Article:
This was our first atoll attack and the sort of operation we have always been planning, and your success is therefore particularly gratifying." Thus, the Commandant of the Marine Corps, General Thomas Holcomb, commented on the battle of Tarawa (Pronounced by the natives: "TAH-rah-wah.") ten years ago.
Tarawa was a battle of firsts. It was the first time a landing had been made across a reef in the face of opposition, the first time amphibious tractors had been used in battle as troop carriers, the first time that tanks were used in a landing operation, and the first time air and naval gunfire were used together in supporting a landing attack, with the fire controlled by radio from the beach.
After the war it has been said that Tarawa was an unnecessary battle, that the atoll could have as well been by-passed. I do not agree with that, and neither do Admirals Nimitz, Spruance or Hill. Tarawa in the hands of the Japanese was a menace to our communications with New Zealand, Australia, and MacArthur's forces in the South Pacific, as well as to those in the Central Pacific as the war advanced westward. In our hands it was a base from which Japanese Positions in the Marshalls and Carolinas could be bombed and photographed. It is true that taking it was a costly operation, but the lessons learned there saved many lives in the taking of other islands from Kwajalein to Okinawa. Quoting Fleet Admiral Chester Nimitz: "The capture of Tarawa knocked down the door to the Japanese defenses in the Central Pacific."
While much had to be learned concerning the effect of naval gunfire and aerial bombing against the Japanese type fortifications, there were no major errors in the planning or tactics. It was learned that fortified strong points can be destroyed only by deliberate fire delivered with pinpoint accuracy over a considerable length of time, that. this destruction cannot be accomplished in a few hours on D-day, no matter how heavy the concentration may be. It was demonstrated that armored amphibious tractors were essential for carrying troops across reefs; that they should be accompanied by amphibious tanks armed with at least 3-inch guns, and that smaller vessels lying close in should be at hand to deliver neutralizing fire up to the very moment the troops hit the beach. The necessity for control of boats carrying reserves and supplies at or near the line of departure was clearly indicated. It demonstrated the need for better communications equipment and for a command ship other than a fire support ship. All these lessons would have had to be learned later at greater cost if Tarawa had not been fought.
On the positive side, Tarawa proved that reefs could be crossed at any stage of the tide, that with reliable communications, naval ships and carrier-based planes can successfully support ground troops and that even the most strongly fortified islands can be taken by well trained, hard fighting troops when effectively supported from the sea and air. In later battles there was great improvement in equipment and technique, but the principles of the strategy and tactics of Tarawa were proved sound and followed throughout the remainder of the war.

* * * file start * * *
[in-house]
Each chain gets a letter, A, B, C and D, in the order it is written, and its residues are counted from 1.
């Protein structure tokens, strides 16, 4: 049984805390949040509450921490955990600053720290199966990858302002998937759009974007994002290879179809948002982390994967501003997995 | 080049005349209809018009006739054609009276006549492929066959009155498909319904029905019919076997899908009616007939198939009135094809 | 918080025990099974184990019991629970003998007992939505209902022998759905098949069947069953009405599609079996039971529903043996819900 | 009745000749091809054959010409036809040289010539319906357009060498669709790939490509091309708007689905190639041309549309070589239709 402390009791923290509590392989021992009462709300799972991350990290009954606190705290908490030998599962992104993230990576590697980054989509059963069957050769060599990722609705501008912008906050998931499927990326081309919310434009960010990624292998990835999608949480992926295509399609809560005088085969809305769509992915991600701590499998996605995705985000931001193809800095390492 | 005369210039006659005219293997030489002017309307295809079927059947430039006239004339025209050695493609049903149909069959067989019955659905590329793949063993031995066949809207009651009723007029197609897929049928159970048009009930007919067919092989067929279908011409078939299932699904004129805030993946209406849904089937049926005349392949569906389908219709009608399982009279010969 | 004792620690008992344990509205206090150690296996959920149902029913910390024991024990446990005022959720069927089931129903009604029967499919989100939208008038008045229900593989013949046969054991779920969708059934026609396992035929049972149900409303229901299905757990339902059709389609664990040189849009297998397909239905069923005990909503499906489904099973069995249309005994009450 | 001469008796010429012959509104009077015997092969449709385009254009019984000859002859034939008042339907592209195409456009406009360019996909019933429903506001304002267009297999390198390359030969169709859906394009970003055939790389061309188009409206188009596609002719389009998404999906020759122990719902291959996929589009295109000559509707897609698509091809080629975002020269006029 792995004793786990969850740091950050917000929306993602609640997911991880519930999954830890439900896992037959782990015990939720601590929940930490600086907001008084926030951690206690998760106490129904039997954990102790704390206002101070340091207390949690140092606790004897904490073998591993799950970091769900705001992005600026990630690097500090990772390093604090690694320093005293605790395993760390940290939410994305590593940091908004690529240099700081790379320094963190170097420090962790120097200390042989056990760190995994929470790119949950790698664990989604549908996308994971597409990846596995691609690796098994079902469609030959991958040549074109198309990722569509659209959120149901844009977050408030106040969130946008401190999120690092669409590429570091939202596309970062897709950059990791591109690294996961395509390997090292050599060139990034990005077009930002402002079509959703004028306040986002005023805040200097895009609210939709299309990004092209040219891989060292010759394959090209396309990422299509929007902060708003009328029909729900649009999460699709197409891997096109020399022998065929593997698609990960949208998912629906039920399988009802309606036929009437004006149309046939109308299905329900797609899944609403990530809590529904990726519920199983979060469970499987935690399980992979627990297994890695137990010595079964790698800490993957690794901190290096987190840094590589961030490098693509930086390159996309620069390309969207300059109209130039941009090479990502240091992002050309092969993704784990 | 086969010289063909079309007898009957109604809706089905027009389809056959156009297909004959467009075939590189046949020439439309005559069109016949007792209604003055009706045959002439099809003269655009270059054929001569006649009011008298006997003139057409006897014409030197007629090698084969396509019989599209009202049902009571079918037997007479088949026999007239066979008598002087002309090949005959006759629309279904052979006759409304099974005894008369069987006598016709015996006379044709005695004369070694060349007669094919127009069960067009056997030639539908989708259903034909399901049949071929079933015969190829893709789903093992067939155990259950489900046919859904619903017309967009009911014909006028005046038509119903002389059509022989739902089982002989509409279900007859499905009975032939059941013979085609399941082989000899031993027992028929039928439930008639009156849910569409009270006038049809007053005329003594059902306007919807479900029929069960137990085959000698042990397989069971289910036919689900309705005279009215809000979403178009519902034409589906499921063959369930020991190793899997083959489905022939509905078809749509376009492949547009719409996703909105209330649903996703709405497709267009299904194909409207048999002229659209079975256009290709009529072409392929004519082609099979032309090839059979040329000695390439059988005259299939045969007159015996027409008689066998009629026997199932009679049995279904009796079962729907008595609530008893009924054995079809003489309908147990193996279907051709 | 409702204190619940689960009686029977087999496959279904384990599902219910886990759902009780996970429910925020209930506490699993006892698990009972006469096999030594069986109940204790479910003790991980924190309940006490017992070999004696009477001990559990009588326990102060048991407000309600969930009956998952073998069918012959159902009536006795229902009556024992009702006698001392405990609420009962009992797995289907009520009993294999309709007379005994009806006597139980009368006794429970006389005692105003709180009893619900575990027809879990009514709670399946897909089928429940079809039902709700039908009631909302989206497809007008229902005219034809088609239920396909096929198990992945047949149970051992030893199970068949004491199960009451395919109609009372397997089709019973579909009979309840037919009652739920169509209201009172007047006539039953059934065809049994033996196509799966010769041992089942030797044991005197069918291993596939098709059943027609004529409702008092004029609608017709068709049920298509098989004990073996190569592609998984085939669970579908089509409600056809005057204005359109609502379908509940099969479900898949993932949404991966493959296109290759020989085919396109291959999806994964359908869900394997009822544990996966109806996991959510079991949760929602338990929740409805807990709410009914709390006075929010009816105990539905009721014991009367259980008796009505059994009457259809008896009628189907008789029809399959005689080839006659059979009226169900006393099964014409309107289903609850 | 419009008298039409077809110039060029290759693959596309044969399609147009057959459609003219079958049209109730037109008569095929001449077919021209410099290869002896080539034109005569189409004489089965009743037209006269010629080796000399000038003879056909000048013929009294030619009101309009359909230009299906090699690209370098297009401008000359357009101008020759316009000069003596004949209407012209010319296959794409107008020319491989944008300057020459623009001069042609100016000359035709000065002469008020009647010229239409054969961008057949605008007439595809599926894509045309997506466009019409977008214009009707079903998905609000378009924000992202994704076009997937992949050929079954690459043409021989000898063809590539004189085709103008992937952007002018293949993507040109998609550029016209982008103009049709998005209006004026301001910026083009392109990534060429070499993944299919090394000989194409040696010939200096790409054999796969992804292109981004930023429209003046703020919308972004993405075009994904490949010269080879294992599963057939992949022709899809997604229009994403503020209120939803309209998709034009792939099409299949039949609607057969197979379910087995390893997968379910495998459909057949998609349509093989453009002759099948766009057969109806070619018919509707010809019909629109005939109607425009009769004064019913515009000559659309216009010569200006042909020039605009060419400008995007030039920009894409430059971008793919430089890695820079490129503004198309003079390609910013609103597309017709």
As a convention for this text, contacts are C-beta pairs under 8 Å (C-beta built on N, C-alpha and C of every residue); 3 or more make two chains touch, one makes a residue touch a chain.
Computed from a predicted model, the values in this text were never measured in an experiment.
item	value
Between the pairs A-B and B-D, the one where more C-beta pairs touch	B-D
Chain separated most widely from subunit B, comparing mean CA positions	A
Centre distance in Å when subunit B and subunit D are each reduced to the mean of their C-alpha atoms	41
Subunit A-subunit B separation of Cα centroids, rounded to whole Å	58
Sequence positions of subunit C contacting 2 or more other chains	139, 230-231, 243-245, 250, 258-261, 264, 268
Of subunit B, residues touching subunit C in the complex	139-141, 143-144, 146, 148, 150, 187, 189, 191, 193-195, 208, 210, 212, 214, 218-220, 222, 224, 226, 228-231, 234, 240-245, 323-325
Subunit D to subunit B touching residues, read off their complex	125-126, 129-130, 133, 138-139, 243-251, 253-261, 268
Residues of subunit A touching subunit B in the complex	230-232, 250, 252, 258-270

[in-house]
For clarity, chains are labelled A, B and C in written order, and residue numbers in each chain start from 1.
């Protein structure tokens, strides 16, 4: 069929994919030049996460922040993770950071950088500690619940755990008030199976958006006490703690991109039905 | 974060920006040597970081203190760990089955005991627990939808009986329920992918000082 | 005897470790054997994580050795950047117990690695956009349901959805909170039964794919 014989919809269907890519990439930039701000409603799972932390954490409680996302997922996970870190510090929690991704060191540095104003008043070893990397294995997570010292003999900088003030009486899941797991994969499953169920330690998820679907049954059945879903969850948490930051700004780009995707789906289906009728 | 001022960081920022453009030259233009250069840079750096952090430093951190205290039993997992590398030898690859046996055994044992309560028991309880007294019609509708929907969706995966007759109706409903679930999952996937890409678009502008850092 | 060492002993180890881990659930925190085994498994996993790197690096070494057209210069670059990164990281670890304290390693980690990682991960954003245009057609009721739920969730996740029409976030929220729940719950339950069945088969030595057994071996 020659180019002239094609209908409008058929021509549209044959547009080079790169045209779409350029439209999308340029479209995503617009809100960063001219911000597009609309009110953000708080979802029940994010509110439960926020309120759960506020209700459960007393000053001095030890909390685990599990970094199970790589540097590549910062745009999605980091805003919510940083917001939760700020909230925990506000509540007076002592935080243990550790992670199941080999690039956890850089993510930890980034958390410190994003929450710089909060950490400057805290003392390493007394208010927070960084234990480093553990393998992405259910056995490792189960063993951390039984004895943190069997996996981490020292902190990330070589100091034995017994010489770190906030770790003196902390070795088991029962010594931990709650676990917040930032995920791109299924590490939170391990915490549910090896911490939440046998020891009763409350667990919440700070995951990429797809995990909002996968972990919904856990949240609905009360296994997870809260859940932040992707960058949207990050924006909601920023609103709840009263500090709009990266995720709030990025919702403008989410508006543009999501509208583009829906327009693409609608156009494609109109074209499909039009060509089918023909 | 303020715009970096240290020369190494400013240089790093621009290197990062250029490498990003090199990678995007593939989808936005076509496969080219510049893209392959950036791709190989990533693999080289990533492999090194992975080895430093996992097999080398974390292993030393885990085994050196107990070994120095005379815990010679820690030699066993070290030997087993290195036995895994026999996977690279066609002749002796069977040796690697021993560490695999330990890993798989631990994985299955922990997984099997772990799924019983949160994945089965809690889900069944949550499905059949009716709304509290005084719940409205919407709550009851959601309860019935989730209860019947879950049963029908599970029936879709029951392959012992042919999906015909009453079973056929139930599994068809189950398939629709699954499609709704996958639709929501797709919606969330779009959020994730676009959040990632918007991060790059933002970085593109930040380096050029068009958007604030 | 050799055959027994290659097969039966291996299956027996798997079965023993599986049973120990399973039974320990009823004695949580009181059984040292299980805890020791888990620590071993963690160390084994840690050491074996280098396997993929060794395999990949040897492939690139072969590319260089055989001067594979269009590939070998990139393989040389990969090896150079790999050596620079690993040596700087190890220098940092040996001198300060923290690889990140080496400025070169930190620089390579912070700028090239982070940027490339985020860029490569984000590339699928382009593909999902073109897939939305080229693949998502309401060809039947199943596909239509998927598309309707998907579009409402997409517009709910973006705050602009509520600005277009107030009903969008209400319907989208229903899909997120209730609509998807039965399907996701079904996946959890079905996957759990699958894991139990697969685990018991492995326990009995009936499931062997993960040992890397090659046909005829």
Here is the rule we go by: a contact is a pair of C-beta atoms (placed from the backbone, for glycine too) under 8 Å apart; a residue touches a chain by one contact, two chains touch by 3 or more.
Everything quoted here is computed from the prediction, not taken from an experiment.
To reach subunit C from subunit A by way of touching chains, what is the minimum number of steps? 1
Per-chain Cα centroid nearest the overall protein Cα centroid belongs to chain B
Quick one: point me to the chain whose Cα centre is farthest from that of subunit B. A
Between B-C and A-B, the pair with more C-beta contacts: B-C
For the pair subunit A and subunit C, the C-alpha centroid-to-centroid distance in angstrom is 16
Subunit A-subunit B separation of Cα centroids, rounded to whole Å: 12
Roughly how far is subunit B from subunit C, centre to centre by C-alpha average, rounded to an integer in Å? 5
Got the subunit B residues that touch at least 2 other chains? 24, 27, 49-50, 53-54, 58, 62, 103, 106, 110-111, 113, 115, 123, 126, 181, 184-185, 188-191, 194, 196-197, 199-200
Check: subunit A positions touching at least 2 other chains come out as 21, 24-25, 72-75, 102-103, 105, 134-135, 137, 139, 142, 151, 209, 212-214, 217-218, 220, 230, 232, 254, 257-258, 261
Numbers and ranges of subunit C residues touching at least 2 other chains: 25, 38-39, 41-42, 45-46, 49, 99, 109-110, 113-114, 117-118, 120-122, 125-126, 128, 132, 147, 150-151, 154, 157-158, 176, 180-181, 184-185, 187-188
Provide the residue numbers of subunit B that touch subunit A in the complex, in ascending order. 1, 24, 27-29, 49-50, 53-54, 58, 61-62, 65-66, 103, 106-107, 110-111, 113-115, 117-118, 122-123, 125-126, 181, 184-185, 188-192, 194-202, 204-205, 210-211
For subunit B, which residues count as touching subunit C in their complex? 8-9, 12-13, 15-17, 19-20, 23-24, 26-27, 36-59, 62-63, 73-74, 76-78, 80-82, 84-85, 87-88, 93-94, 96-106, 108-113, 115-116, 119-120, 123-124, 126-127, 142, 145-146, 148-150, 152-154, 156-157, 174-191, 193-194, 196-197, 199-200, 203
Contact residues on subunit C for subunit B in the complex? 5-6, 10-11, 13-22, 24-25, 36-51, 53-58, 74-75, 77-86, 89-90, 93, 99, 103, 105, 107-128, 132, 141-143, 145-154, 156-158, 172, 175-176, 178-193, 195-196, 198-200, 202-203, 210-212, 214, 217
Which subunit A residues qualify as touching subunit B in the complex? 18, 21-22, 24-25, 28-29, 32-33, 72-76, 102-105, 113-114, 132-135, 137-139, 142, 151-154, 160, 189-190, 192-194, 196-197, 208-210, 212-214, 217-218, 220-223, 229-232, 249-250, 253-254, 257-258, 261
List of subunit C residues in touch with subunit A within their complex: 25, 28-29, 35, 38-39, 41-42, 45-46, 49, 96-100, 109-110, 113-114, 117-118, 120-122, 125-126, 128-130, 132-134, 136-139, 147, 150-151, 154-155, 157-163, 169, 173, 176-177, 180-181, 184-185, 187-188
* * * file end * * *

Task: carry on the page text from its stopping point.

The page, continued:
Tarawa was a battle that had to be won. For years the seizure and defense of advanced bases for the Navy, or amphibious operations, as they had come to be called, had been considered the prime war mission of the Marine Corps. They had been the principal subjects of study in our tactical schools. In cooperation with the Navy, maneuvers had been held testing the theories developed in our schools. A text on the subject had been prepared by Marine Officers, and published by the Navy Department, which became the basic doctrine, not only of American Forces, but of our Allies as well.
The landing boats (LCPs) and amphibious tractors (LVTs) were the result of experimental work by boards of naval and Marine officers.
The past history of amphibious operations was a discouraging one. It recounted more failures than successes. The memory of Gallipoli, a heroic effort with a tragic ending, was ever present. Examples of failure through lack of understanding between the sea and land force commanders were numerous.
If the first all-out landing against a defended island, based on theories developed over the years had proved a failure, it would have seemed that the Marine Corps could not fulfill its most essential wartime mission. It would have made it necessary to begin again at our beginnings, and the progress of the war would have been materially delayed while new plans were devised and a fresh start made.
After Tarawa the advance across the Central Pacific could be continued with confidence and, as the Japanese fleet became weaker from attrition, with every assurance of ultimate success. There have been many larger and better known battles than Tarawa, but few with greater influence on the future course of a war. Just as it showed us that the Japanese-held islands could be taken by amphibious assault, so it showed the Japanese that their strongest outposts would surely fall and expose their homeland to invasion by forces based on the very strongholds they had considered invulnerable.
Previous to World War II the Marine Corps had been performing many types of duties, mainly in the small politically unsettled countries of Central America and the West Indies. Men still in the Corps, themselves heirs to its great traditions, had been protecting American interests in China and other parts of the world, had participated in the first World War as part of the AEF, and had seen their share of hard fighting there. They had served on ships of the Navy, guarded Navy Yards and Naval Stations, acted as Mail Guards and performed with efficiency and under rigid discipline many "such other duties as the President of the United States may direct."